aNewDomain — 3D printers are awesome. The possibilities of this future-tech reality are endless, and in time they will disrupt large aspects of our manufacture-based society. For now, 3D printers are tremendous tools for makers everywhere. You just have to get the right one. To make your buying process easier, I’ve rounded up five of the best printers on the market today. Check out my best of class 3D printer reviews, below.
What sort of 3D printer do you need?
There’re a lot of factors to consider when buying a 3D printer, so it’s important to find a balance between cost, speed and precision. You want to make sure you get your money’s worth, and that it can perform the kind of tasks you desire.
On the technical side of things, you’ll want to decide whether your printer prints with PLA, ABS or both. Likewise, determining the level of “tolerance” your printer has and making sure the printer can connect to your computer are essential.
A 3D printed wish list
Ultimaker 2 ($2,499)
The Ultimaker 2 was named that for a reason. It blends speedy printing with excellent precision and handles large prints with ease. From beginners to experts, the Ultimaker is easily usable and versatile — oh, and it looks cool, too. For those in the industry, this model comes with Cura open source software for easy modification. The only flaw of this machine is that it’s not Wi-Fi compatible, so you’ll need to hook it up to your computer.
Cubify CubePro ($2,799)
This 3D printer is well-designed and easy to use, especially for those new to the industry. There’s an interactive LCD touchscreen and built-in intuitive software, which makes the sometimes-complex process simple.
The CubePro also has the ability to print in multiple colors, which is a bit more complex but looks excellent. It does large prints well, does not skimp on precision and is Wi-Fi enabled, so you can set it up anywhere in the house or studio. The only flaw is that replacement filament cartridges — those things you need to print anything — have to be bought from the manufacturer. Otherwise, this one’s a beauty.
Airwolf AW3D HD ($2,995)
This printer is the most expensive on this list, and that’s almost entirely due to speed. The Airwolf AW3D HD can print up to 400 mm per second, which makes it the Speed Racer of 3D printing. It has an easy-to-use LCD screen, and Airwolf puts a number of cool project models on its website for you to use. It’s a great printer for those who need to finish large printing jobs quickly, and thus is more apt for a business. The downside? You can only print in a single color, and you have to purchase the ABS supply from Airwolf.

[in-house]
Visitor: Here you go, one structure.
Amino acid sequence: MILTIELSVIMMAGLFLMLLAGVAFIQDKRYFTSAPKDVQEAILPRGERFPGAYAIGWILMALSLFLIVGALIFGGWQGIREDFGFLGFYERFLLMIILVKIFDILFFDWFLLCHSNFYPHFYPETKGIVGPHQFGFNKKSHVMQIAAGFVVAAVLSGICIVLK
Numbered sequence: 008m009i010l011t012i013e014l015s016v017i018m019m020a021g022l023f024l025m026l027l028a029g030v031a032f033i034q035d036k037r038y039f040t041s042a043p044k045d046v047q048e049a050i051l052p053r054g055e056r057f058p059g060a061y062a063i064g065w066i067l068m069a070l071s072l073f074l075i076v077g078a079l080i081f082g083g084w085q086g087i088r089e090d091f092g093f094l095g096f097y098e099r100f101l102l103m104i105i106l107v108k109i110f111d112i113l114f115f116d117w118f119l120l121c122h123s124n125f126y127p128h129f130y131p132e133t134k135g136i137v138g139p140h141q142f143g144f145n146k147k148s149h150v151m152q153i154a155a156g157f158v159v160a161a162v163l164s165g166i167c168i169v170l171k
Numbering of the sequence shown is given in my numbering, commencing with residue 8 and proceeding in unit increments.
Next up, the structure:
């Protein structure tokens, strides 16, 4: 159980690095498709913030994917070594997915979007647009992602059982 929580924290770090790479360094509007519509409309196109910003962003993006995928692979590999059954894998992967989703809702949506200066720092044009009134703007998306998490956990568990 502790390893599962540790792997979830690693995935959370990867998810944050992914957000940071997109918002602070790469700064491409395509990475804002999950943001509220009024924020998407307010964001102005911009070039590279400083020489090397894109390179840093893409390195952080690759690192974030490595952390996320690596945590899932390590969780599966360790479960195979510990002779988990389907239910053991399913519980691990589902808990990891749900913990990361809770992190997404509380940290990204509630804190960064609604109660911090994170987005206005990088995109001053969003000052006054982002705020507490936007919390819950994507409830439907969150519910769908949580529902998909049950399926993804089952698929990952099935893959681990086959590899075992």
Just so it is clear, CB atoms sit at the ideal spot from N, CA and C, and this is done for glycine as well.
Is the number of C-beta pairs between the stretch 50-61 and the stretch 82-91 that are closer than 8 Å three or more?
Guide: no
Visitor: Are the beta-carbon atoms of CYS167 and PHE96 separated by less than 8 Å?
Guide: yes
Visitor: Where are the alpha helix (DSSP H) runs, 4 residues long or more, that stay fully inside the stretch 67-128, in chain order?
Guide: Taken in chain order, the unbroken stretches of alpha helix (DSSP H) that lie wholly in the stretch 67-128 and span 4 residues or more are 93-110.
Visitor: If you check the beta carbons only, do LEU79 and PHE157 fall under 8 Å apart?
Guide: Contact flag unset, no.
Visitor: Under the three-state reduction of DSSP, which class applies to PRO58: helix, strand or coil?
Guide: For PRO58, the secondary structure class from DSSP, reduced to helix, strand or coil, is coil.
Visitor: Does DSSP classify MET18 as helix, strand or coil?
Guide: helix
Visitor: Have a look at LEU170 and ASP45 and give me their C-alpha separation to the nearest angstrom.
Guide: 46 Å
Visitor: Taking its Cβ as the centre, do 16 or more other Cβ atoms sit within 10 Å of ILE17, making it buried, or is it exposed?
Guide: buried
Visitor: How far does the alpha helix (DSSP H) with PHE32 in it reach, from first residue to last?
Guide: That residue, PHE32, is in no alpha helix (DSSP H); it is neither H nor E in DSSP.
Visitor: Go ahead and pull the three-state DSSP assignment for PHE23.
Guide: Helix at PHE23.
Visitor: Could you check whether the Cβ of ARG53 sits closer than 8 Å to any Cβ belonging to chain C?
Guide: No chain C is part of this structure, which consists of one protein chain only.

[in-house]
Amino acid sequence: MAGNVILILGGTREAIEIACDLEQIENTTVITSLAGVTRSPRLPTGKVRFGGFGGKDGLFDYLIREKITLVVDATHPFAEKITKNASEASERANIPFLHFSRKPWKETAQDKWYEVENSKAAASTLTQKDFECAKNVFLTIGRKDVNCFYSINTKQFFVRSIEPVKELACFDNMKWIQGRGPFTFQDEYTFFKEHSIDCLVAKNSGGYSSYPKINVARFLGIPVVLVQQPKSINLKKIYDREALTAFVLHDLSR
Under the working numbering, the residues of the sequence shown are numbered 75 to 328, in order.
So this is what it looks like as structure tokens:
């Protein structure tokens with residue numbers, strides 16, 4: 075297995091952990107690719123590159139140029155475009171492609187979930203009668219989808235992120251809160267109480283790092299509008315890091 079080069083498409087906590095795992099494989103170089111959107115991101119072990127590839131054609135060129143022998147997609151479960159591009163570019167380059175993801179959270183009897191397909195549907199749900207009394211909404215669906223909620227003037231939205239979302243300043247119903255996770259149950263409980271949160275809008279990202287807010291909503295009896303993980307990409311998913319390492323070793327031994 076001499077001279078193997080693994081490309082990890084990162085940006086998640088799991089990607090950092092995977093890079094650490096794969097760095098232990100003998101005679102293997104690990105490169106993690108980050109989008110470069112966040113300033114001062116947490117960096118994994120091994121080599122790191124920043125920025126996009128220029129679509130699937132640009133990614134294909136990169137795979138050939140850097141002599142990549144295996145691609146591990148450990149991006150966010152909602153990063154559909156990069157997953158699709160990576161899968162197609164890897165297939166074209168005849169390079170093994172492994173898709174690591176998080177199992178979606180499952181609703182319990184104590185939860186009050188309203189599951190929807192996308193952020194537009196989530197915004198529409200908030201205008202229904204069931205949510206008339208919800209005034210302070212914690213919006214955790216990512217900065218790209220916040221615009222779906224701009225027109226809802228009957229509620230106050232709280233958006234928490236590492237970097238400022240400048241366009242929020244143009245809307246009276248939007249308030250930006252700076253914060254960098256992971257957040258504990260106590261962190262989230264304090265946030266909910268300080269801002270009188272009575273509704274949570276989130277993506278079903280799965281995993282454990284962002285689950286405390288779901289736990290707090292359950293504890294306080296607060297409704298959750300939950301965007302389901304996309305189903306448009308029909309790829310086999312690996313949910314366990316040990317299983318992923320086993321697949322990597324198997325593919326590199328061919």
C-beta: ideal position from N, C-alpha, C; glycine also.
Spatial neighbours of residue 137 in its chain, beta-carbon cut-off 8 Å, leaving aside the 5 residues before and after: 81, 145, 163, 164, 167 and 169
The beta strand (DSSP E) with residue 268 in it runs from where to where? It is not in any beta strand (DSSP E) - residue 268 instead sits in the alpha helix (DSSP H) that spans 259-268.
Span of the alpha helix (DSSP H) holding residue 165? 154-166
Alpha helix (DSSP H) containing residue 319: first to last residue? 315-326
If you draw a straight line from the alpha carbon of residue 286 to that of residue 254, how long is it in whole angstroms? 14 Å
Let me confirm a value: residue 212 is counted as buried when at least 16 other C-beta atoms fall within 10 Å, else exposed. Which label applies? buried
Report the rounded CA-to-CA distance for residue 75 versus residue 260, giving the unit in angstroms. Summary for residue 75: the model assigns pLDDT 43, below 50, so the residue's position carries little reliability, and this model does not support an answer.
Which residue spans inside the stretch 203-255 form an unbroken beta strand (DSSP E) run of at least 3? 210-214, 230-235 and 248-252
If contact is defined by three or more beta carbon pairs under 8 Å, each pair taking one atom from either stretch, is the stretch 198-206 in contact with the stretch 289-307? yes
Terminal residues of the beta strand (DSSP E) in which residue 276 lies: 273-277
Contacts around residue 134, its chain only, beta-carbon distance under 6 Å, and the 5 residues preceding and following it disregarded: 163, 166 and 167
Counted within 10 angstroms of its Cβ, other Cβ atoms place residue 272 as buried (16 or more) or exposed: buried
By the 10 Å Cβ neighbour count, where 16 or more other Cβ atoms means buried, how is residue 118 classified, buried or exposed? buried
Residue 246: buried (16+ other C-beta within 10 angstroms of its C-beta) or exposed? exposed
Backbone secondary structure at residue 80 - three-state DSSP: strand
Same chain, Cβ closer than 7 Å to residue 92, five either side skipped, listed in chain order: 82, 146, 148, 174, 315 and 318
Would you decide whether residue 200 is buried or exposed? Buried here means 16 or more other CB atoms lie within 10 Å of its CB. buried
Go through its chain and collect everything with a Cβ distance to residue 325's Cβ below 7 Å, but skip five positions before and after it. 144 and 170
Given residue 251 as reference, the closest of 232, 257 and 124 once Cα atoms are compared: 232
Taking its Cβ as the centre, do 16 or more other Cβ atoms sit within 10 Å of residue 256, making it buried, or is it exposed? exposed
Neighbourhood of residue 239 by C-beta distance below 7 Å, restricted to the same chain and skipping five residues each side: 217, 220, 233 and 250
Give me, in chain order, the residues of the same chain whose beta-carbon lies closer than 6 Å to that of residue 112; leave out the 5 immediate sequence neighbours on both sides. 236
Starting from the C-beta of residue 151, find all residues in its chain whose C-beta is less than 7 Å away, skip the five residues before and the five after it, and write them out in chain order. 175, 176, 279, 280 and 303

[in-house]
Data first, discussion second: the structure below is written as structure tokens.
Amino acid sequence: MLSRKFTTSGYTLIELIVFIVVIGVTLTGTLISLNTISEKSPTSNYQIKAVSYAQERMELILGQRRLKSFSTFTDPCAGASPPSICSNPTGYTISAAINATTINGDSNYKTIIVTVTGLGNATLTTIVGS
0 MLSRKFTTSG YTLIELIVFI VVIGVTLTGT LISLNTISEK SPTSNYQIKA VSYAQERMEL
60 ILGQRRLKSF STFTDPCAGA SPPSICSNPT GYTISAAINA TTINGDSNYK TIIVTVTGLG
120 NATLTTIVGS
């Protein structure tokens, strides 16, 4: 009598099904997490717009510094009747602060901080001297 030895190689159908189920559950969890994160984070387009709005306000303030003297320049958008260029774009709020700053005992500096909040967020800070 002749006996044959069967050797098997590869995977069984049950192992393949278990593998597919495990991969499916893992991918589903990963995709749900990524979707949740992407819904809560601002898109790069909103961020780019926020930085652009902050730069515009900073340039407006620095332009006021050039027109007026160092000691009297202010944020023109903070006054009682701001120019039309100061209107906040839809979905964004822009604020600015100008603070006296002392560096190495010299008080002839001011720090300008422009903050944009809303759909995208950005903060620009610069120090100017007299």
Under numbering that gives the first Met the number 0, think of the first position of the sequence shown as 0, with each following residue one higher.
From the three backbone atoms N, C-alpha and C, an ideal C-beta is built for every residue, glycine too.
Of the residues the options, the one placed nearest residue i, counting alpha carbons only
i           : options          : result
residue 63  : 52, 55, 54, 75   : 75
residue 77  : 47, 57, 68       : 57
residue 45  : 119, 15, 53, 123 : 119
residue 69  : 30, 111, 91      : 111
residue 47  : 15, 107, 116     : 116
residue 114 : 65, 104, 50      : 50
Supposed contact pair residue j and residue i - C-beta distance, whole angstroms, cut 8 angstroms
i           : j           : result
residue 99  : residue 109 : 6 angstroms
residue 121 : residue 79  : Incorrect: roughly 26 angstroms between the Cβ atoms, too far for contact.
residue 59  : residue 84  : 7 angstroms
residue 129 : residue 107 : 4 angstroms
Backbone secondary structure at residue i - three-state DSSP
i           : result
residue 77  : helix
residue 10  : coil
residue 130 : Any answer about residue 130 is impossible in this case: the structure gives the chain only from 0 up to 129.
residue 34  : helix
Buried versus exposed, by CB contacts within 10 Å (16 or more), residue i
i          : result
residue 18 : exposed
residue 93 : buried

Type A Series 1 2014 ($2,749)
If size is your primary concern, go for the Type A Series 1 2014 — you can print up to 12″ x 12″ x 12″ on this machine. With all that size you might think there would be a loss of precision, but there’s not. Very impressive. The printer is Wi-Fi enabled as well, which is always nice. The downsides to this one are no support for ABS and the lack of an LCD screen.
Mbot Grid II+ ($1,099)
The Mbot Grid II+ is the most recent upgrade of the Mbot Grid II, and the company outdid itself. This model was always budget oriented, and now with a price of just around $1,100, it’s by far the cheapest machine on this list. The Grid II+ has a durable steel chassis, a better warranty than other printers in this price range and a comprehensive tool kit. Even the filament options are affordable.
The machine has dual-color capability and is compatible with all desktop operating systems. But the low price does mean a few tradeoffs — like the small print plate that makes large projects out of the question. The plate also is not heated, so while the Grid II+ can technically print in ABS or PLA, you shouldn’t use it for ABS printing. Still, it’s an impressive machine that is very affordable.
There you have it — five great 3D printers for the aspiring craftsman or artist. If you’re not satisfied with the above list, make sure to do your own research. It’s an ever-changing field, so keep up to date as well.
All 3D printer images are courtesy of their respective manufacturers
Feature/Header image: 3D print of Yoda by Creative Tools via Flickr